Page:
This sumptuous graphic novel documents and dramatises the life of the legendary Woody Guthrie, a musician who continues to fascinate and influence to this day, nearly fifty years after his death. He wrote hundreds of folk songs, many of them documenting his experiences in the dust bowl era during the Great Depression. Guthrie traveled with the displaced farmers from Oklahoma to California, learning their traditional folk and blues songs along the way.
Guthrie’s life was nothing short of dramatic, dogged by fires that killed many family members, then the hereditary Huntington’s disease saw off his mother and eventually went on to be the demise of Woody himself. He fathered eight children and was married three times, he was associated with communism and had ‘this machine kills fascists’ written on his guitar. Later in life he mentored Bob Dylan and has influenced everyone from Bruce Springsteen to Billy Bragg.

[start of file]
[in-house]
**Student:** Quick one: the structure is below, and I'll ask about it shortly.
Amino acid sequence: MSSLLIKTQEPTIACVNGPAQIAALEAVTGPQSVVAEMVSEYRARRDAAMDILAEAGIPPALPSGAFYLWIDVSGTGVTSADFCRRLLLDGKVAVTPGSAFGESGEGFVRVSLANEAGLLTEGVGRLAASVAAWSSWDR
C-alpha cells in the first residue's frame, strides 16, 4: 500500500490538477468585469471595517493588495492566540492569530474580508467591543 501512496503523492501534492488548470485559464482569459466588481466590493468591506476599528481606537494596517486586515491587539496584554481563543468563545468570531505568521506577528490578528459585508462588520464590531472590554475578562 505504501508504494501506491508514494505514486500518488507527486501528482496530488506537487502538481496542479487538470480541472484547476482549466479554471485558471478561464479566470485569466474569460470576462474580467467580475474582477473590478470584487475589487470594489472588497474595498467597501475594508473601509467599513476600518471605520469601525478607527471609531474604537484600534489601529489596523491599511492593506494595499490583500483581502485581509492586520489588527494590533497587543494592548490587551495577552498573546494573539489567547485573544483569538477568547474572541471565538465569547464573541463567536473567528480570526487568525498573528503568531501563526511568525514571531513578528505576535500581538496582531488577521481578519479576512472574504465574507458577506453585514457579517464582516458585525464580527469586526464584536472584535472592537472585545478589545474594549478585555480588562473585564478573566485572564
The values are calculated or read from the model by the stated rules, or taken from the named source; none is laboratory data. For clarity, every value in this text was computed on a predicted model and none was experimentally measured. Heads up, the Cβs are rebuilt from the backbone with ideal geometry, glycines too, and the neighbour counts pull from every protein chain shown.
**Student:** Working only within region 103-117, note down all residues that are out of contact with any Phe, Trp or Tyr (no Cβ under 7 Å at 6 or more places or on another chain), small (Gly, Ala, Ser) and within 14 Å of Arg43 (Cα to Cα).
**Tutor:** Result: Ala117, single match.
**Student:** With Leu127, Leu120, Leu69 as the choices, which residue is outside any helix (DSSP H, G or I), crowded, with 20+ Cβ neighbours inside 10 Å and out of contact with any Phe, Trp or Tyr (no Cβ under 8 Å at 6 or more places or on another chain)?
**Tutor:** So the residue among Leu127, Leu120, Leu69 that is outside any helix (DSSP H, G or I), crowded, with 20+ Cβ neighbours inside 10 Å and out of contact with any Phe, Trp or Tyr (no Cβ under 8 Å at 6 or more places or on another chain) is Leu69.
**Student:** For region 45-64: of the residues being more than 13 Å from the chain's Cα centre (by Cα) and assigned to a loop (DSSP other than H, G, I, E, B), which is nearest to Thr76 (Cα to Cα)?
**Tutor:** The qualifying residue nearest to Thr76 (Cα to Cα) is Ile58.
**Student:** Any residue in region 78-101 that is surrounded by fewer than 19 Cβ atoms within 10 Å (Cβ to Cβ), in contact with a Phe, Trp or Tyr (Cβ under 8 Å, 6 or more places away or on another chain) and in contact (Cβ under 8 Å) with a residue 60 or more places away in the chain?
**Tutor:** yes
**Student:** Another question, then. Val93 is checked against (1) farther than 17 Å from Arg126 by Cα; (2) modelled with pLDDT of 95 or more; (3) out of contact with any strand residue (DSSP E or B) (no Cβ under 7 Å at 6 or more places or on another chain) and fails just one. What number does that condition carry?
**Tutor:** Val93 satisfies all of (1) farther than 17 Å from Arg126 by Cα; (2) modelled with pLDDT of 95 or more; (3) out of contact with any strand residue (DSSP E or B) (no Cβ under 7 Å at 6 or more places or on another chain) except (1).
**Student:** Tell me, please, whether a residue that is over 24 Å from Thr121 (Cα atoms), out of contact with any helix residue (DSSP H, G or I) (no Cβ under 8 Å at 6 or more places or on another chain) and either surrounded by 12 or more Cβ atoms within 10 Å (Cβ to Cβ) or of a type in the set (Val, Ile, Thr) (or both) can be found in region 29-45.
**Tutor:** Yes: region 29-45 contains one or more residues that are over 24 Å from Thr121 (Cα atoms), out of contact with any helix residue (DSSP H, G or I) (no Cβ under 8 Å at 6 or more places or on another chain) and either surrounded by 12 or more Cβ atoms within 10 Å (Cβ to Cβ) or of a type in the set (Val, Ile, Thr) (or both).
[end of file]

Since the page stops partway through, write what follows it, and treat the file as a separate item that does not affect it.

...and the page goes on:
The graphic novel is a perfect vehicle to dramatise such a larger than life character, and Nick Hayes has produced an immersive and beautiful book that does real justice to the Guthrie legacy. Hayes’ illustrative style captures the look of the era magically, his linework dips into the characters psyches and come up trumps. A graphic novel is not just the images, lettering and colouring – in many ways it is a more difficult medium to get right than a straightforward book. Nick has got it emphatically right, and Jonathan Cape has gone to town on the design and production of the book, a good solid hardback that should be shown off.
Nick Hayes is a writer and illustrator who lives in East London. His first graphic novel was ‘The Rime of the Modern Mariner’, was published in 2011. His cartoons appear in the Guardian and New Statesman.